By Greg Shook
On a sweltering day in August, Ashlyn Oh ’23 combed through a freshly poured bucket of loosely packed dirt, searching for clues that might increase understanding and awareness of the 1783 Ox Roast, an event significant to both Mohican and American history that took place near Stockbridge, Mass.
At the end of the Revolutionary War, Gen. George Washington sponsored a feast to thank the Mohican people for their service. The gathering, which involved roasting a 1,100-pound ox, took place near the home of Mohican sachem Solomon Uhhaunauwaunmut, also known as King Solomon. Just a few months later, English missionaries and settlers forced most of the Stockbridge Mohicans from the area, which was—and still remains—a core part of their homeland.
Oh was one of about 50 Williams students who answered the call for volunteers to help unearth items buried for more than two centuries at the site of the feast. Led by a team from the Stockbridge-Munsee Historic Preservation Office, based in Williamstown, the volunteers searched for hand-wrought iron nails, burned animal bone, buttons and cutlery that will be interpreted, analyzed and carbon dated. Ultimately, the goal is to return the cultural objects to Mohican institutions such as the Arvid E. Miller Memorial Library Museum in Wisconsin, the official repository for the archives of the Stockbridge-Munsee Community.
The dig was just the latest collaboration between the historic preservation office and Williams, which was founded on land belonging to the Stockbridge-Munsee people. Several students have interned with the office, including Hikaru Hayakawa ’24 of Maplewood, N.J., who coordinated student volunteers for the dig. Hayakawa also spent the summer helping to prepare repatriation claims under the Native American Graves Protection and Repatriation Act.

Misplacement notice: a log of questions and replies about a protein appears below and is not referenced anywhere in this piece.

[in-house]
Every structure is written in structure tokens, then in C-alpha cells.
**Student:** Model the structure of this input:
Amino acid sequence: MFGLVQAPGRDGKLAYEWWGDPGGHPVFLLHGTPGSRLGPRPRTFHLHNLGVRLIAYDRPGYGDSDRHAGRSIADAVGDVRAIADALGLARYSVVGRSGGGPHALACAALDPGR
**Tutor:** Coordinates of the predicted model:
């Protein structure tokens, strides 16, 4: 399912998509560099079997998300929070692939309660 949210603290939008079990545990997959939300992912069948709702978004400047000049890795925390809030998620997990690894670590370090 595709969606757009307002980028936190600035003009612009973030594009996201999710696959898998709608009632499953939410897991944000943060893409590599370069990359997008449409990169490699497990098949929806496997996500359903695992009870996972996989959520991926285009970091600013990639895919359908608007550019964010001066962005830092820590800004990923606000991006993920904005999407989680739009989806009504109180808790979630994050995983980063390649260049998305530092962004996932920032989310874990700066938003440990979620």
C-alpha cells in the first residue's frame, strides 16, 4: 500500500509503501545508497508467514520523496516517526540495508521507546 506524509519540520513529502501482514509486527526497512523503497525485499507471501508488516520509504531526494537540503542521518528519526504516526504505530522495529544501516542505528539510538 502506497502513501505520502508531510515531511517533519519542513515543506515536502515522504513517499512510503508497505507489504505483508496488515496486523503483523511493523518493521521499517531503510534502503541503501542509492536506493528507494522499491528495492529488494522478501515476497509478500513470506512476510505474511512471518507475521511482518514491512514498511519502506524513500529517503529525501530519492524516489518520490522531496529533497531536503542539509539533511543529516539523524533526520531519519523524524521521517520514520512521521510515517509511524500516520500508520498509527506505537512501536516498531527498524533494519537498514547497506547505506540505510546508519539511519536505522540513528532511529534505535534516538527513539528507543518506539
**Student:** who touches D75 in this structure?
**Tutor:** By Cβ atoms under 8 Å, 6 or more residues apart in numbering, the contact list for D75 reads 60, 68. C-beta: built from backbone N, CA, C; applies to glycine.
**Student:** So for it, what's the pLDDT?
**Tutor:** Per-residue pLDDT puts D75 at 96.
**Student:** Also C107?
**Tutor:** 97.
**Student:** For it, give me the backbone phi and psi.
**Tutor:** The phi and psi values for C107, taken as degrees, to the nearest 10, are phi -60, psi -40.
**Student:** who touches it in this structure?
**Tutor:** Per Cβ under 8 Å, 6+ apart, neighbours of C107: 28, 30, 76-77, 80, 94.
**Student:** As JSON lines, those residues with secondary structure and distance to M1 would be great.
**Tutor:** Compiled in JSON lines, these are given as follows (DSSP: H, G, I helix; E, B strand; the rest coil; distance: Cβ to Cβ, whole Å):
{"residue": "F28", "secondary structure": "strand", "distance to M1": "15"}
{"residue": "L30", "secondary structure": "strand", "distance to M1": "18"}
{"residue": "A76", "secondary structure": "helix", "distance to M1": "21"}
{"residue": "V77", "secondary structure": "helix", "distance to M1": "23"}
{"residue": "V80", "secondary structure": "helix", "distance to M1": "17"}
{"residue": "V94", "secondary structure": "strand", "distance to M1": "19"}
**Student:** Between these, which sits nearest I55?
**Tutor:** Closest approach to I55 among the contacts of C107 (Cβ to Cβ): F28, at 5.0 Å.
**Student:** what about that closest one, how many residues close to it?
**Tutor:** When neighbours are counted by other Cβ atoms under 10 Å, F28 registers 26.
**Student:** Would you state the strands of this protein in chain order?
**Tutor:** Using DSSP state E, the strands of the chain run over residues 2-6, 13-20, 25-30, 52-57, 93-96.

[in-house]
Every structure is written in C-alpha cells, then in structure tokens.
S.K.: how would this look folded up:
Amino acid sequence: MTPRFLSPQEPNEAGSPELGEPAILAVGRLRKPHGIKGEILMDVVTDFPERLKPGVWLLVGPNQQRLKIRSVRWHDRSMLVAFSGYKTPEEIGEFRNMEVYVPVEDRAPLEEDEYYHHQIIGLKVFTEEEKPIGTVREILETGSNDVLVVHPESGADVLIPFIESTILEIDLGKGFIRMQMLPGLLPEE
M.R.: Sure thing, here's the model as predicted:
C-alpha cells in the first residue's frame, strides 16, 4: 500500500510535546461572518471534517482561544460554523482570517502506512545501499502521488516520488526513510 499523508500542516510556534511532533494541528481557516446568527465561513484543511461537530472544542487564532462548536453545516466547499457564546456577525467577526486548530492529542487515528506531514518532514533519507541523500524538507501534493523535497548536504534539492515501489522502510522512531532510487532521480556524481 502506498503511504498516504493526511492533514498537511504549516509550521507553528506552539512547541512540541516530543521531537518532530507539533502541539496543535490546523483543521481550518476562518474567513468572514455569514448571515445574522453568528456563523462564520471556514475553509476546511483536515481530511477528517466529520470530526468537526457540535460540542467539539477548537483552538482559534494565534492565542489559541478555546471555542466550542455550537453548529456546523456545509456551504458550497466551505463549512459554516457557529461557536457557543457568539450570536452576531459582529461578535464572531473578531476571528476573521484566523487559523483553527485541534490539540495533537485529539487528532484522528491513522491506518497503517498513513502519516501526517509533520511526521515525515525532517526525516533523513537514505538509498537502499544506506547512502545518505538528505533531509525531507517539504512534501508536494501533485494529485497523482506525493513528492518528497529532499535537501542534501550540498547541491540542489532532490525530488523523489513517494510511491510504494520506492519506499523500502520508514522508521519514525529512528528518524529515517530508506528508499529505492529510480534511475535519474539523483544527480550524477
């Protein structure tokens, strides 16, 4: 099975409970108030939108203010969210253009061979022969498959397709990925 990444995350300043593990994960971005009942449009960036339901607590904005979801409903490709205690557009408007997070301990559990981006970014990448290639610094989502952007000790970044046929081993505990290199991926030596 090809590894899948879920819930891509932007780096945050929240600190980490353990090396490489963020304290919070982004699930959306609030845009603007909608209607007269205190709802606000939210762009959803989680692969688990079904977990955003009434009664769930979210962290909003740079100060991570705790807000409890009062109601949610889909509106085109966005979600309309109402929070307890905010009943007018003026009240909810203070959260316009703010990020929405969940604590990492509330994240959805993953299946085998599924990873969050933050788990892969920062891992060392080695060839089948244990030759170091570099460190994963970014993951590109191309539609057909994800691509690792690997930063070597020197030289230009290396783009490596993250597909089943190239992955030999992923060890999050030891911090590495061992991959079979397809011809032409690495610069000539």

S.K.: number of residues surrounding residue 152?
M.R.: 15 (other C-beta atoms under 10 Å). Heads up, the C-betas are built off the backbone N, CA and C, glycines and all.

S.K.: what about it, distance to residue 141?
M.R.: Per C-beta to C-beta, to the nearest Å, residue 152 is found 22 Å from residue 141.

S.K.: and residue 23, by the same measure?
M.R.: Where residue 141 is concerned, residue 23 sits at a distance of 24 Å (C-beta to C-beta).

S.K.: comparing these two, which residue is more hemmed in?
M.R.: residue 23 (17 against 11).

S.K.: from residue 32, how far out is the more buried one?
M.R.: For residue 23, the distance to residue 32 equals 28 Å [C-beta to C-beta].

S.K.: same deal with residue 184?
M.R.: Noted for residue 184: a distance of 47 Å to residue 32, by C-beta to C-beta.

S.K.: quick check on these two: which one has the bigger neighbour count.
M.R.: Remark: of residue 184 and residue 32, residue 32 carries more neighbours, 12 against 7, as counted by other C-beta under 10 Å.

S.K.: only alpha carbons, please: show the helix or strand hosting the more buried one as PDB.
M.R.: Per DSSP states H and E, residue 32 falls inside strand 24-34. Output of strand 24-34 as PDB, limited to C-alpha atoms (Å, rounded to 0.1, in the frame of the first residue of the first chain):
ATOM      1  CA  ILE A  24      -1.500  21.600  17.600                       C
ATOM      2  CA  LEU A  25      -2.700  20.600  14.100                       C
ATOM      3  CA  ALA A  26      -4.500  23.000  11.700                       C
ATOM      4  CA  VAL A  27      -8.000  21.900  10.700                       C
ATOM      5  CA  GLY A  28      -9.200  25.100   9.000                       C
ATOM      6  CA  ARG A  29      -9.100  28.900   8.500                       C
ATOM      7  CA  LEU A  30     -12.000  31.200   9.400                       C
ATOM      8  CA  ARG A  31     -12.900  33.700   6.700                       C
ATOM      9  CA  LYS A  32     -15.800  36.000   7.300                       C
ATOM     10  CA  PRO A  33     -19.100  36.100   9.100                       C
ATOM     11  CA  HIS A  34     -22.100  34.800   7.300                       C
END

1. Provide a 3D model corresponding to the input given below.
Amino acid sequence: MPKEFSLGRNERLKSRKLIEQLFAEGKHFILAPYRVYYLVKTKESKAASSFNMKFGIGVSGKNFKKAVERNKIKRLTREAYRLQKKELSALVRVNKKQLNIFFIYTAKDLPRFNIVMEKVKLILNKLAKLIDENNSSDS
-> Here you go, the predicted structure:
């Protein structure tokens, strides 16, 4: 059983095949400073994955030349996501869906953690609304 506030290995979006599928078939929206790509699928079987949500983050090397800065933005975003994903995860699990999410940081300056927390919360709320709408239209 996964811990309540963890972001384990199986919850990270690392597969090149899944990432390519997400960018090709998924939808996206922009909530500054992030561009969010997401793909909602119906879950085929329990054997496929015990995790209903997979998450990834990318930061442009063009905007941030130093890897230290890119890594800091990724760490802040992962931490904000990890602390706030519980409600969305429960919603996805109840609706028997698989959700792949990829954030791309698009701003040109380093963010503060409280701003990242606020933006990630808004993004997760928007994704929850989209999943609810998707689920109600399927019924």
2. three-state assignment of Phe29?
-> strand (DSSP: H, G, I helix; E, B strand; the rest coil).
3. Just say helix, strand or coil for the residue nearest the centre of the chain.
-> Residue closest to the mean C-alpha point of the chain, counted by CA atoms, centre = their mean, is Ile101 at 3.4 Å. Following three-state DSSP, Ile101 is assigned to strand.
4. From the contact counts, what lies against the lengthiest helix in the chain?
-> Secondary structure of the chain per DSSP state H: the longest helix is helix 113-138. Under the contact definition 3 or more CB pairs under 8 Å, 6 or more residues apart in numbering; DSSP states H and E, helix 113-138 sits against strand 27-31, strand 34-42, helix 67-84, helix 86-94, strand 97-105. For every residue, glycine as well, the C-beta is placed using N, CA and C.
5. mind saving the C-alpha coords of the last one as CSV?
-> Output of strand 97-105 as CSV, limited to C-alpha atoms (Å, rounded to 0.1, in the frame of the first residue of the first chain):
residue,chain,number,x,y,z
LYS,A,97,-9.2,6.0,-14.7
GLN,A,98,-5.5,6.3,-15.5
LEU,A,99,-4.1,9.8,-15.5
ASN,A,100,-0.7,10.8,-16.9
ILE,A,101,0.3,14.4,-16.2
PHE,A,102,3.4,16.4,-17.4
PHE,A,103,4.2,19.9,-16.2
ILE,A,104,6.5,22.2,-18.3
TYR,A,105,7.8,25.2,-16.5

Oh, who hails from La Canada Flintridge, Calif., and Roman Ruiz ’22 of Seguin, Texas, both geosciences majors, learned about the dig from geosciences professor Phoebe Cohen, who also volunteered. The dig was similar to fieldwork they’ve done with Cohen to unearth microscopic fossils, says Ruiz, “But nothing to this extent.”
Cohen says it’s “critically important” for geoscientists to understand the complex histories of the places they do their work and to support efforts like the Stockbridge-Munsee’s to reclaim them.
“As geoscientists we often do our research on indigenous lands, and, very often, these lands, like the ones in Stockbridge, were forcibly taken from the people who originally lived there,” she says. “It’s not something most geoscientists are used to thinking about, and it can be uncomfortable.”
Oh says it was “inspiring to see how many people are working on the project.”
“I had the good fortune to take a couple of American studies courses over my time at Williams,” she says. “It’s humbling and, at times, difficult to study American history, specifically the indigenous people who lived on this land. We can still learn things. This history is not completely gone.”
Greg Shook is a senior writer and managing editor of Williams Magazine.